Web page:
Sailing from Ostia

Sailing from Ostia

Then :   carried by coarse sails,  to crystal shore,
Thy proclamation was complete :
      “ Tiresias !   whence this ship sailed,
      “ I was but a boy.   fond at the bow,
      “ at the bow I stood to stare e’re o’er
      “ what great pool stares me back;
      “ and now, a man, my hand guides the oar :
      “ we have come to crystal shore,
      “ that crystal shore I vowed to see, and saw,
      “ and yet did not quell the storm. ”
It was these words that perturbed my gut,  backwash
Lingering with a slosh, continuous.
               As if by the shore at Nemi,
               As if by that very bank of Nemi,
               I fell with Tiresias :
               Yet a woman, yet a man ;
               And yet a woman, and yet a man.
In distant chants and drum-thrums that lead ode to the unknown,
Ne’re chance would we to seek the source ;
      “ Et cum spiritu tuo, ”
Was the word. Domine, domine,
Whence does this drum-thrum enthrall ?

In shimmering dress I waited, for guidance—
Domine, domine.
In fair made-up a maiden I awaited—
Domine, domine.
Domine !   Domine !
For Tiresias, yet a woman, yet a man,
For Tiresias, and yet a woman, and yet a man :
      Avernus begone ;
      It is my Nemi, not thy gaping maw,
      That calls my hand’s reticence.
And in shimmering dress I lazed,
At once woman, at once man,
And yet a woman ; and yet, a man.
               All the whilst, the drum-thrum tumbled
               Through thine ears, through mine own,
               And the greatest fear awaited out
               Beyond the reach of our mind’s echo’s grasp.

And would this be for naught, this trip ;
And would it be not for the desperate lurch
Of the gut — the gut, a fool, it makes us fools—
And drives our sandl’d feet closer still to the
Feverish thrumming drum-tap.
For thine is this journey ;   for thine is mine aim,
Which I pray may be true :
For if not, my only prayers left are for fleeful hesitation,
For simple desperation ;   my fateful wish
That draws me closer to the drum-tap’s decided doom
Is that this may be Nemi, that very bank at golden Nemi ;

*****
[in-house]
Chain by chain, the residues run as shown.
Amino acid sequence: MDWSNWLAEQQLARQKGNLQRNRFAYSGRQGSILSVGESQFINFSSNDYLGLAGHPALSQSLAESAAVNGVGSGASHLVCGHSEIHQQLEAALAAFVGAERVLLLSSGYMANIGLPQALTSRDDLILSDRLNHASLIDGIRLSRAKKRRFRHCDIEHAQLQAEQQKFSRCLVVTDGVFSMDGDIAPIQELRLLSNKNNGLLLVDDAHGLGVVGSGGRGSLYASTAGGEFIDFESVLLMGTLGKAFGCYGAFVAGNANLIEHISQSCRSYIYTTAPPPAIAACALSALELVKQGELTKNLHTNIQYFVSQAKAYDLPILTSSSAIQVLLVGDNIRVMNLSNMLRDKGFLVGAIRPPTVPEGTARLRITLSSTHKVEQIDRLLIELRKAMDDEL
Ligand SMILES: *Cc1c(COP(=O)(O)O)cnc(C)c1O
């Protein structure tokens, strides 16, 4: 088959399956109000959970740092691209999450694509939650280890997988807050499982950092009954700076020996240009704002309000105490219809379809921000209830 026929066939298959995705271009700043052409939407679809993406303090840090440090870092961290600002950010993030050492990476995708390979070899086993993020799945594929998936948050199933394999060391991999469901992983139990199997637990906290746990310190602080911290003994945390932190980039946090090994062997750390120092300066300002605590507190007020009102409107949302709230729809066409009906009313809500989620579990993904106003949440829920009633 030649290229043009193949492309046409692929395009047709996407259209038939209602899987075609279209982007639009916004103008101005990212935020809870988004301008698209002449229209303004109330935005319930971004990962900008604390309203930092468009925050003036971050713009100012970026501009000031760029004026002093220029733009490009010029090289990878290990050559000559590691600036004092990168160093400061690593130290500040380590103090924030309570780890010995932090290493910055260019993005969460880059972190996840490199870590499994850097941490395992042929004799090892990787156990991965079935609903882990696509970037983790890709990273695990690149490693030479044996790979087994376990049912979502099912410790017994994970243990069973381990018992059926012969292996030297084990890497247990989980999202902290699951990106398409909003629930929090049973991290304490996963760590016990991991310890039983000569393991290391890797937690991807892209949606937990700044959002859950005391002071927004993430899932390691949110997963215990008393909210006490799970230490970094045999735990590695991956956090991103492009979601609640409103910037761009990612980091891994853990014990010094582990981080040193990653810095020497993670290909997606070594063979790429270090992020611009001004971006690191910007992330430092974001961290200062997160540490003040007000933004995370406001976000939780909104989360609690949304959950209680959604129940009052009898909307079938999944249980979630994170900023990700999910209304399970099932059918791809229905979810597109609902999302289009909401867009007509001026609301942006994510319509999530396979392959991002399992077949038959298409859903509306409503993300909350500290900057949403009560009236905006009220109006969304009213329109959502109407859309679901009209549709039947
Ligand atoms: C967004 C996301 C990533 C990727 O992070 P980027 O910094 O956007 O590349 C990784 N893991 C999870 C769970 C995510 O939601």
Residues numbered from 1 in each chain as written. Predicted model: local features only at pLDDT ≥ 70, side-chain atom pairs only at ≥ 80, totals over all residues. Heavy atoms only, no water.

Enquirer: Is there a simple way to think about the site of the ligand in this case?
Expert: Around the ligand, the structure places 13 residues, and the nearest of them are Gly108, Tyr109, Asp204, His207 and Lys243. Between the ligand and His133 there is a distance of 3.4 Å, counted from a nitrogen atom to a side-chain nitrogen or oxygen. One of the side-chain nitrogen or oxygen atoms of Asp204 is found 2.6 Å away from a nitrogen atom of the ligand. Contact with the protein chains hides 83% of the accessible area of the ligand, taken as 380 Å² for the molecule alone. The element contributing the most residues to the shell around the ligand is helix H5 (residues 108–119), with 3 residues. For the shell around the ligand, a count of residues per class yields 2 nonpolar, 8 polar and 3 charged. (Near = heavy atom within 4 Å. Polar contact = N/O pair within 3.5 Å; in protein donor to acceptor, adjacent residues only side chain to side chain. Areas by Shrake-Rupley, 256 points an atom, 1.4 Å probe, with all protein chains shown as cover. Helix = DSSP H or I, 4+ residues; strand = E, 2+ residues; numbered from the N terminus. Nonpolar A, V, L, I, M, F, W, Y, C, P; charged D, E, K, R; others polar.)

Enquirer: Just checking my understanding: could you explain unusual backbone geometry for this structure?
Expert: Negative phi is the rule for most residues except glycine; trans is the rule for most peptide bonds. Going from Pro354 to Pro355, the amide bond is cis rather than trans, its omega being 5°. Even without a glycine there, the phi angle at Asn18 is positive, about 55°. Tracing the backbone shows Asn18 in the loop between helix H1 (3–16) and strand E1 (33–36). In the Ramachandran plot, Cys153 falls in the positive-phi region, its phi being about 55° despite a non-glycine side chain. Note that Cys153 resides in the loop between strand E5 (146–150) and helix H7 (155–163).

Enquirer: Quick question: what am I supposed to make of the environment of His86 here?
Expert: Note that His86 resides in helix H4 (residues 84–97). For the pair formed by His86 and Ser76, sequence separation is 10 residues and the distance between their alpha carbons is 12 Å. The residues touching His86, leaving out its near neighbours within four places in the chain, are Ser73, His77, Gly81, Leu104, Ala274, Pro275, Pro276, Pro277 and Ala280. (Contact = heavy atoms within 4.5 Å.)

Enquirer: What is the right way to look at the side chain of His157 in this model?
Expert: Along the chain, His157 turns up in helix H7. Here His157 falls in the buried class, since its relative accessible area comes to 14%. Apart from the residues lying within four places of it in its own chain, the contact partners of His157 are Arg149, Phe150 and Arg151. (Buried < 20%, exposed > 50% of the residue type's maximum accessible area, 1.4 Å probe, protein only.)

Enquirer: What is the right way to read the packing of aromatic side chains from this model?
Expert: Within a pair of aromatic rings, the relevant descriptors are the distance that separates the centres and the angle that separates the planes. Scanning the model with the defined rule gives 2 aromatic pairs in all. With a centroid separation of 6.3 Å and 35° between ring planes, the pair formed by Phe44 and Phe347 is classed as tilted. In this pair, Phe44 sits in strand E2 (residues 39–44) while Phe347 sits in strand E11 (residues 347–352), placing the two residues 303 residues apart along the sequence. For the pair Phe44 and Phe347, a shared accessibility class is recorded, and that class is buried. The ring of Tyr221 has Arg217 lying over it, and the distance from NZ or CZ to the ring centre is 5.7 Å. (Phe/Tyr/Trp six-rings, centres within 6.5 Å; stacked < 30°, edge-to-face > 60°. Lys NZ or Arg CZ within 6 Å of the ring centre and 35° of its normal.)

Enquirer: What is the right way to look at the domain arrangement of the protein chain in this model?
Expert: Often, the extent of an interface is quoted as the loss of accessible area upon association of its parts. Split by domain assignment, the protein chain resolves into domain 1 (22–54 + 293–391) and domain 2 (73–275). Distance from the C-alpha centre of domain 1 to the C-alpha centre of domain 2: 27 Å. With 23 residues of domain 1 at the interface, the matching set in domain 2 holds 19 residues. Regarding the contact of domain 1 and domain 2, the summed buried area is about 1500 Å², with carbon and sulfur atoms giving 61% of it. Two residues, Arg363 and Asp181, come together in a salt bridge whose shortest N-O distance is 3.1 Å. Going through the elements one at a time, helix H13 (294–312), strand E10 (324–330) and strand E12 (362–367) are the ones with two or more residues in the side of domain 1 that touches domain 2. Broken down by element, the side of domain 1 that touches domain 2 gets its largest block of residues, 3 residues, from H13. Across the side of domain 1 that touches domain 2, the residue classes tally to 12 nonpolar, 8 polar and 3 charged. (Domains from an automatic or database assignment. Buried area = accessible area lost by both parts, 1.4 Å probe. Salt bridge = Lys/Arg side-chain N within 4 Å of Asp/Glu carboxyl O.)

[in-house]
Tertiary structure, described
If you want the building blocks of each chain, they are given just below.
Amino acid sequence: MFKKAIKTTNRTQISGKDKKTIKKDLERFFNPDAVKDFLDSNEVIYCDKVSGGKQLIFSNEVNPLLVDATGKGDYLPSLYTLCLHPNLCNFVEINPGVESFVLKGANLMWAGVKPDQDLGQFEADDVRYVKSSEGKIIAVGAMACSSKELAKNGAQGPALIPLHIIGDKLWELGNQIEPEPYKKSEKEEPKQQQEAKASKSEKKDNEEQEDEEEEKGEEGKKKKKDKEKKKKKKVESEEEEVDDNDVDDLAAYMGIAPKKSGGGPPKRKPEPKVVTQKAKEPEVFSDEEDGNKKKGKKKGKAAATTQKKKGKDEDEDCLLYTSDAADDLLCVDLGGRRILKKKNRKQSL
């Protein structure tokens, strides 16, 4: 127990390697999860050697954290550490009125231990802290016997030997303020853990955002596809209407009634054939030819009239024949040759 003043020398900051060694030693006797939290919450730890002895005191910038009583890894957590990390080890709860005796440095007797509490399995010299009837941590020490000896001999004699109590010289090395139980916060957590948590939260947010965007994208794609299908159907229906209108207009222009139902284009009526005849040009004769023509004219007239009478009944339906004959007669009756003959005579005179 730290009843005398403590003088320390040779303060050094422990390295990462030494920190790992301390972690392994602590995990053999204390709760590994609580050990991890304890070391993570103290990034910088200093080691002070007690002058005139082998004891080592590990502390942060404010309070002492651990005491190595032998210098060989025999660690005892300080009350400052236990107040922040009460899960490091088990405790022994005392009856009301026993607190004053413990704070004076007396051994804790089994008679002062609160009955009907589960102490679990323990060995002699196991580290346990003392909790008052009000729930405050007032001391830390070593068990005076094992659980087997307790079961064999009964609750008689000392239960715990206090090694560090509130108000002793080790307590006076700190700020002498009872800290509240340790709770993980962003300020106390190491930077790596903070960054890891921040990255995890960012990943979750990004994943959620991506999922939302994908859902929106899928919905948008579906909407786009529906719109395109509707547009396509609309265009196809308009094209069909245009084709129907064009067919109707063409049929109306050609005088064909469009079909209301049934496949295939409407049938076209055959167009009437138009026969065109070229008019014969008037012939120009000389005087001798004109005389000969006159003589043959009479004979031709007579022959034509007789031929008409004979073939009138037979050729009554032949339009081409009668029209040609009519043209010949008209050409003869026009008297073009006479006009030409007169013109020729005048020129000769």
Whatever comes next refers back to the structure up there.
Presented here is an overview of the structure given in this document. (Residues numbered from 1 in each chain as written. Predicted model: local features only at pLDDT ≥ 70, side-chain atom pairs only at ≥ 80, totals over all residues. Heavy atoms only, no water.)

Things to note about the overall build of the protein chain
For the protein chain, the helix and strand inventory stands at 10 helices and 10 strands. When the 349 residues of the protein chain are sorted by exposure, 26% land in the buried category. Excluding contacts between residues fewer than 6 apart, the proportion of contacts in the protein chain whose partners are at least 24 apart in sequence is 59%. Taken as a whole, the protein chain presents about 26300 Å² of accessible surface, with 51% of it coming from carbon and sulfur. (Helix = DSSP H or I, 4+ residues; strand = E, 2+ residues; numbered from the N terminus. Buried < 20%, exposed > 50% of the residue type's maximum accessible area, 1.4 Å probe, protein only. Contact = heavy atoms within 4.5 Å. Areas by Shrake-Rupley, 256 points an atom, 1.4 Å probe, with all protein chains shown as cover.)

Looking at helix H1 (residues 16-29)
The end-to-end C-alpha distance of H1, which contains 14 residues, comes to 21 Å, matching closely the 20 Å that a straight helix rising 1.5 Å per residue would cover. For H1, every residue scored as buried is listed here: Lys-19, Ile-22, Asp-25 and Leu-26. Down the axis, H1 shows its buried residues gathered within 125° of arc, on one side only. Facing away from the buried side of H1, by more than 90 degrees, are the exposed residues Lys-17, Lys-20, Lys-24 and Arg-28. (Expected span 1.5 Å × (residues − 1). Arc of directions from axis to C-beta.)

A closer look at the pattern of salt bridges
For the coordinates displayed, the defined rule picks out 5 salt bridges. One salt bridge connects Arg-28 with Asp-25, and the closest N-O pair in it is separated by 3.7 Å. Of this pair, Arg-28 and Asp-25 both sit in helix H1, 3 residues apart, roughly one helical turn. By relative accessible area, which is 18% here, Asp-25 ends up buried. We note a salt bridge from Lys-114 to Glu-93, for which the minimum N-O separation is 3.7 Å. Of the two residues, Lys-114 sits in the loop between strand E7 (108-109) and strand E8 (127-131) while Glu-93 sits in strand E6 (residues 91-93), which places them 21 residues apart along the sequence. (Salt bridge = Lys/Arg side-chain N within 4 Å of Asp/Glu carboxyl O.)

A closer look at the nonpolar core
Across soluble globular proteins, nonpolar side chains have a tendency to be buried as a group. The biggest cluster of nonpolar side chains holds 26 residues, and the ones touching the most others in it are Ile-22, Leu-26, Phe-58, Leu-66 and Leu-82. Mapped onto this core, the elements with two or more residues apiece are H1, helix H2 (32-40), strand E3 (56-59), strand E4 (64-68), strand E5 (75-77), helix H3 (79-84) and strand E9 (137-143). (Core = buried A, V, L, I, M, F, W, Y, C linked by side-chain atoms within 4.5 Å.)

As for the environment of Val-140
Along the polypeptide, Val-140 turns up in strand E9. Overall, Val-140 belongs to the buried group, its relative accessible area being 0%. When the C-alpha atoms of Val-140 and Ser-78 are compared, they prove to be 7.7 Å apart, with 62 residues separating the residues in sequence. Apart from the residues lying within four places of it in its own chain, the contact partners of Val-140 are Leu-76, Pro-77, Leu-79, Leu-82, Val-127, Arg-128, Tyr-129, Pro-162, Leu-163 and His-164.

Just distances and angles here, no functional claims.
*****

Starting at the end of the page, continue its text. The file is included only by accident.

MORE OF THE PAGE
And I hear it call:—

      “ Tiresias !   is that your approach ?
      “ Hast thou found your androgyny
      “ Awaiting reprieval ?   then follow
      “ The wintry, feverish drum-tap,
      “ For Nemi awaits ;   for thou art
      “ Woman — for thou art, too, man—
      “ And distant, golden Nemi and her queen,
      “ Diana, seek the prophecy of closure :
      “ That which was spoken by the madmen
      “ Ovid, Matthew, (one and the same)—
      “ So bring thy sandl’d feet, and the sandl’d feet
      “ Of thine order, thy kin, to the
      “ Distant, golden shore of e’re-waiting Nemi. ”

Such we did, began our red approach,
With swords drawn for fear of cruel retribution ;
Such we took our infant steps towards the drum-thrum,
The feverish tapping, the golden speech :
And all whilst we moved,
Through prayers—
Domine, domine—
Tiresias !—
My silk-clad leg rattled with ev’ry step,
My silken leg that was at once a woman’s, and at once a man’s.

Published by

A. J. Sahnow

Author of The Groop, available on Amazon in print and Kindle. Also poet, writer of short stories, musical recording artist, Dungeon Master, erstwhile filmmaker. Graduate of Film Studies, BA Hons First Class. Twitter: | Music: | Short films:

Leave a Reply

Fill in your details below or click an icon to log in: Logo

You are commenting using your account. Log Out /  Change )

Google photo

You are commenting using your Google account. Log Out /  Change )

Twitter picture

You are commenting using your Twitter account. Log Out /  Change )

Facebook photo

You are commenting using your Facebook account. Log Out /  Change )

Connecting to %s